Last night I beheld the umpteenth variation on the classic teacher’s dream. Basic recipe and a few optional extras: you confront - no other word will do - a class, and find you have no idea why you are there. You might possibly have no trousers on, or you might detect sneering and contempt from the students, who know a lot more than you do about the matter at hand, for you know precisely nothing. Maybe you are performing like a real trooper but failing to engage any member of an icily unreceptive or openly contemptuous group. The key ingredient in the whole sickly cocktail is your humiliation at being unmasked; you were only ever blagging your way through your teaching career, and now it's common knowledge. You are like, totally pwned.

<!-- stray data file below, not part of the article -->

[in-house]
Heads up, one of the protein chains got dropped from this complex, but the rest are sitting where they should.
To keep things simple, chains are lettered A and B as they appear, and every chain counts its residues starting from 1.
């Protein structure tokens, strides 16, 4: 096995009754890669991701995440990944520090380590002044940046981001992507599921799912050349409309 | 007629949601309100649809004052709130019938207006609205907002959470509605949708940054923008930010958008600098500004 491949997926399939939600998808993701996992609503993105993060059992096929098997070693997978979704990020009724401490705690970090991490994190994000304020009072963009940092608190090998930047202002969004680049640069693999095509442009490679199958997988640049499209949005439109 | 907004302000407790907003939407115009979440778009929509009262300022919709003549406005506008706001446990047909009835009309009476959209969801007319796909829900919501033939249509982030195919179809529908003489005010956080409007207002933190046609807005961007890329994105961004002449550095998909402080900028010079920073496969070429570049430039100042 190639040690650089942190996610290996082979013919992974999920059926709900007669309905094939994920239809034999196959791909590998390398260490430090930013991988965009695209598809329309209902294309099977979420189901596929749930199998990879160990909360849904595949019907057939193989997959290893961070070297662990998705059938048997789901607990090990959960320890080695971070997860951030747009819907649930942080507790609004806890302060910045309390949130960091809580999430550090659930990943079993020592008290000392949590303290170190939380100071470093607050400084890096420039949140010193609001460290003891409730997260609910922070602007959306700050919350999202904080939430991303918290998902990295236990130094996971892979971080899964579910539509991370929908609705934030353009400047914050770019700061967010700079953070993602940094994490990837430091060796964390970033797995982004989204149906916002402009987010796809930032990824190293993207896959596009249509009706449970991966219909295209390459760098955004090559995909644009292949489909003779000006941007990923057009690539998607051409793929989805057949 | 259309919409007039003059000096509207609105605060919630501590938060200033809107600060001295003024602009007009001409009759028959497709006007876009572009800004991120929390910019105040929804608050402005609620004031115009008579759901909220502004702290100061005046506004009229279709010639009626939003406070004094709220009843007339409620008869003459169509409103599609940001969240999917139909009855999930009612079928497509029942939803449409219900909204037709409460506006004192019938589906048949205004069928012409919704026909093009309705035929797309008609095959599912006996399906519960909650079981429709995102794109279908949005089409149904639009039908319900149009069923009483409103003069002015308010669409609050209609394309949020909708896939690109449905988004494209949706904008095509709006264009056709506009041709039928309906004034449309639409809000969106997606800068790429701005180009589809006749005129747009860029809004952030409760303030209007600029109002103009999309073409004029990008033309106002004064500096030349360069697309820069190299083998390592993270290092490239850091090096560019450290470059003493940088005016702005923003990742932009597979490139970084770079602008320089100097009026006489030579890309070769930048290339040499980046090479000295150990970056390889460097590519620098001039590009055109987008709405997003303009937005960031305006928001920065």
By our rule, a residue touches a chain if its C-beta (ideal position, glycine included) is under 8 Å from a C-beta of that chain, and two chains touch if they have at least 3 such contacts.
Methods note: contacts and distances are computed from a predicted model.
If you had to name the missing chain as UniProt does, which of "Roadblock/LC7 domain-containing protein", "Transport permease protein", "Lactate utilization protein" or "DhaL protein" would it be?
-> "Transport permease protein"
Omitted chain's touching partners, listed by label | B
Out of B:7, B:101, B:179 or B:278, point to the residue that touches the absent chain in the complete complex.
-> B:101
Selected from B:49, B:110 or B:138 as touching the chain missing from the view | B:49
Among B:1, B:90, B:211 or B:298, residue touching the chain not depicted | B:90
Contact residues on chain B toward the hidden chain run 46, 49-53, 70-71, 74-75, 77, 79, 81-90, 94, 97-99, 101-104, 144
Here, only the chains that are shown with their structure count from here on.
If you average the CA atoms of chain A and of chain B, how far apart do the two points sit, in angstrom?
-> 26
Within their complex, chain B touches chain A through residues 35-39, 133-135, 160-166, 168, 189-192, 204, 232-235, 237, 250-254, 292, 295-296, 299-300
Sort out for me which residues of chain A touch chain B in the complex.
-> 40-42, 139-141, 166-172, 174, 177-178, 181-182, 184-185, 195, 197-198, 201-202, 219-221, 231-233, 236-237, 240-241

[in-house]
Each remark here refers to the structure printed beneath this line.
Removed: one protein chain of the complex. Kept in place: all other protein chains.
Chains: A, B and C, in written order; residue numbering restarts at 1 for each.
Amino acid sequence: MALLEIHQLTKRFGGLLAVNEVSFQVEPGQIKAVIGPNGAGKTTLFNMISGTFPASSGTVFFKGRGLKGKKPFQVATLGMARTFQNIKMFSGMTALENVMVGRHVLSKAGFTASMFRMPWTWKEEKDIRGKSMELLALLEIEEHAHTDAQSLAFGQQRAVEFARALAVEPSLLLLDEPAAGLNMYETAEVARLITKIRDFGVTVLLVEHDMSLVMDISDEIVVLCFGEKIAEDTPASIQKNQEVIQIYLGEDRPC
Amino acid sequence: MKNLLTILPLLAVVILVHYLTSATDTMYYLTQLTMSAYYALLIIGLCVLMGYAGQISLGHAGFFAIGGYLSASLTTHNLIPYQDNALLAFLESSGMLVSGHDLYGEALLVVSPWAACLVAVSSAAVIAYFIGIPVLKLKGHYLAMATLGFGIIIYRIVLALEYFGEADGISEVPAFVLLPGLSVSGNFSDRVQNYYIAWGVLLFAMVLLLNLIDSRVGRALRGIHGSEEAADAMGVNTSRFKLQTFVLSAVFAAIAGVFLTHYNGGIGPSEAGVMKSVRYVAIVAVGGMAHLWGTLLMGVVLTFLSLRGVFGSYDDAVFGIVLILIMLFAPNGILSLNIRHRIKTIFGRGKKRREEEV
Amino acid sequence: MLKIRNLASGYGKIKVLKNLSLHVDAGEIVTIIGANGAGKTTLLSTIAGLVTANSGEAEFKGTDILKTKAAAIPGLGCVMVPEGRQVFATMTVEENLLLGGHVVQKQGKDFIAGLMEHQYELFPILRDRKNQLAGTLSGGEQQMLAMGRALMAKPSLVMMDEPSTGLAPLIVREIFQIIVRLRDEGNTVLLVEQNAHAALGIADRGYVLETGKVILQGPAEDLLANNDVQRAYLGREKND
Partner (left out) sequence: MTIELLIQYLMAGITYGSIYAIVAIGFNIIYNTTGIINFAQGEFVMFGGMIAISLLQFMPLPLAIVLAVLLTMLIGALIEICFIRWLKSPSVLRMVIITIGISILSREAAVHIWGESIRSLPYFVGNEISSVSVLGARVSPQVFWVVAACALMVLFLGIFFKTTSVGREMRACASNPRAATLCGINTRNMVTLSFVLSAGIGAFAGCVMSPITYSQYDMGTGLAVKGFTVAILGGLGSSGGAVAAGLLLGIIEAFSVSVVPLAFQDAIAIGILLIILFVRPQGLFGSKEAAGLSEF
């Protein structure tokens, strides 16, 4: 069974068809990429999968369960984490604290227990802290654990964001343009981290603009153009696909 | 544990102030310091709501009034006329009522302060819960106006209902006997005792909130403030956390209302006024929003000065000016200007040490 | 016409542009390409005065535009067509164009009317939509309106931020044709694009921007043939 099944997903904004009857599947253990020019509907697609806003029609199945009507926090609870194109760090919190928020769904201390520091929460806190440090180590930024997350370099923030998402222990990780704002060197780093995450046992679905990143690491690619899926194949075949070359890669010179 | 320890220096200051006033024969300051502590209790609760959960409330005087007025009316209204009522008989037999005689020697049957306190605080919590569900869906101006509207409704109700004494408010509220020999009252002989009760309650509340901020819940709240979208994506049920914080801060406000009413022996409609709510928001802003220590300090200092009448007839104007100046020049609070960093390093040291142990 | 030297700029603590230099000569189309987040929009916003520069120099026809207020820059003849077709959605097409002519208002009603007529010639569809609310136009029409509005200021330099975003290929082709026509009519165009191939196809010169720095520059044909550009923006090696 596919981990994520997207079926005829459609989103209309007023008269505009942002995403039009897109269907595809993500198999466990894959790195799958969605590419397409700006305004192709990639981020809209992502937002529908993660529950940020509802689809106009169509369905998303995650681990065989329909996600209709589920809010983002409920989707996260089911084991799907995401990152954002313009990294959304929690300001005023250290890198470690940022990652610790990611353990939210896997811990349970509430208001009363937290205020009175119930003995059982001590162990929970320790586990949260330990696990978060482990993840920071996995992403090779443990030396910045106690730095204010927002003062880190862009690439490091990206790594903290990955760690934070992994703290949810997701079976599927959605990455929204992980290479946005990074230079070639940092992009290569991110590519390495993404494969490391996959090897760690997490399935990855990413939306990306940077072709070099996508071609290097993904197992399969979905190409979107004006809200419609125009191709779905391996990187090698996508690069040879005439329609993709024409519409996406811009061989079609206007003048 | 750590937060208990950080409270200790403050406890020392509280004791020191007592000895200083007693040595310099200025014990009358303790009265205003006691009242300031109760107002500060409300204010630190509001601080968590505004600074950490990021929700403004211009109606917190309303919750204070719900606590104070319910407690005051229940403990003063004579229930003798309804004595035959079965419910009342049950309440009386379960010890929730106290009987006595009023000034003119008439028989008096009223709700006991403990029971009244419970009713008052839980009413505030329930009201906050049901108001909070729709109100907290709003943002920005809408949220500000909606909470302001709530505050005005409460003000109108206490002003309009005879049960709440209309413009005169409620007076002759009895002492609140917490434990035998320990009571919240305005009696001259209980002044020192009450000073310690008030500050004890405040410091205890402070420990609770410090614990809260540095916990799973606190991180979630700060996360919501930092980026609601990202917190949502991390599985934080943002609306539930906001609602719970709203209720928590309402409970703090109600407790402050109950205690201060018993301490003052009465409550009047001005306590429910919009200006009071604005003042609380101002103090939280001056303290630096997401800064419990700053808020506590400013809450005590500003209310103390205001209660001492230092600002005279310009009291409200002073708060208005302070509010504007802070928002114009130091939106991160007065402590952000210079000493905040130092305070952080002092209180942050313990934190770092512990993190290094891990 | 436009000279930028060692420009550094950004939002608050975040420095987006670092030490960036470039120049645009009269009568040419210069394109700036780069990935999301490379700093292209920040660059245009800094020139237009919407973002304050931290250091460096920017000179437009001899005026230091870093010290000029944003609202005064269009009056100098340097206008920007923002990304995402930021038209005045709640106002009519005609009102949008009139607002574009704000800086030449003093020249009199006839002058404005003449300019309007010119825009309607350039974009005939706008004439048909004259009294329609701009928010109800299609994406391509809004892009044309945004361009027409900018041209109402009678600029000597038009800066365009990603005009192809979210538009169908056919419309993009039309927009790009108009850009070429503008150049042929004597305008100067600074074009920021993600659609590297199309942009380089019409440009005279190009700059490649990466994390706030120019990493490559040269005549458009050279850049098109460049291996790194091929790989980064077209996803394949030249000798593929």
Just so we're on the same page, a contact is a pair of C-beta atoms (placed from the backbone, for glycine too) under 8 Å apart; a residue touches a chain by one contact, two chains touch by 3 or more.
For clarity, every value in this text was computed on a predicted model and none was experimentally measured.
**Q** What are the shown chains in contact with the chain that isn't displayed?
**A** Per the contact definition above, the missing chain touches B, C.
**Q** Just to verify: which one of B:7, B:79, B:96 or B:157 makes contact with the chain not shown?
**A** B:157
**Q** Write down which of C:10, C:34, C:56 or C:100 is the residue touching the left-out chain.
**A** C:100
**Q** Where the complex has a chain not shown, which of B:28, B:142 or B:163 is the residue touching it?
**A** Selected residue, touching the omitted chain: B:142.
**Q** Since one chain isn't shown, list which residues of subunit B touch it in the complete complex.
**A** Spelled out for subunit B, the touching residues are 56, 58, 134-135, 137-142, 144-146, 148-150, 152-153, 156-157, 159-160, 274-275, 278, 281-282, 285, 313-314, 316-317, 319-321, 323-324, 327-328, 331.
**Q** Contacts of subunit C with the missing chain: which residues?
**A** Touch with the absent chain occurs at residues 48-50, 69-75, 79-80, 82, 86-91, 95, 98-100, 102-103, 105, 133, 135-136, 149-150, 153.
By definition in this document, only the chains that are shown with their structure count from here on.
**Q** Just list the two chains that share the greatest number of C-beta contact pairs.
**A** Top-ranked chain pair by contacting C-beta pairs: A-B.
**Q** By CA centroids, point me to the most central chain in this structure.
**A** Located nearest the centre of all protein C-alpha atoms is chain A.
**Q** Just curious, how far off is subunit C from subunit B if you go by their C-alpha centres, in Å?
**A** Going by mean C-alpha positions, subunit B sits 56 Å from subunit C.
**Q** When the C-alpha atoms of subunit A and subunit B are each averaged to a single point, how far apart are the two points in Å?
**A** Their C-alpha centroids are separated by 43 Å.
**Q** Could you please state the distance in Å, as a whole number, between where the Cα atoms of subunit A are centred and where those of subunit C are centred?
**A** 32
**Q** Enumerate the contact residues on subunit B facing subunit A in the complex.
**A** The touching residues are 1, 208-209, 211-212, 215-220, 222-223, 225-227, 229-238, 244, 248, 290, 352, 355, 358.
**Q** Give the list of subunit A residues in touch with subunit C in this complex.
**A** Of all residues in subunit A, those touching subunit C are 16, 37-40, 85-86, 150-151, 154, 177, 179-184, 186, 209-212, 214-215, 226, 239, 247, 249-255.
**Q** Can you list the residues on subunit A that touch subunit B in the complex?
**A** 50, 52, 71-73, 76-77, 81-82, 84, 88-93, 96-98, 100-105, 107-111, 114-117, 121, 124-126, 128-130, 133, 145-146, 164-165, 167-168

Last night’s version: I have a seminar to conduct about… something or other. I am not expecting anyone to show up, indeed hopeful nobody will, but in the event about thirty students arrive. I stand in front of the class and realise I know absolutely nothing about the subject I am supposed to be teaching. The show must go on, however, so I start busking with a language game, until the students start to get restive and cotton on to the fact that the Emperor is bollock naked. Eventually I throw a fit, push over the overhead projector, storm out of the classroom and lie down in the hallway outside with my thumb in my mouth.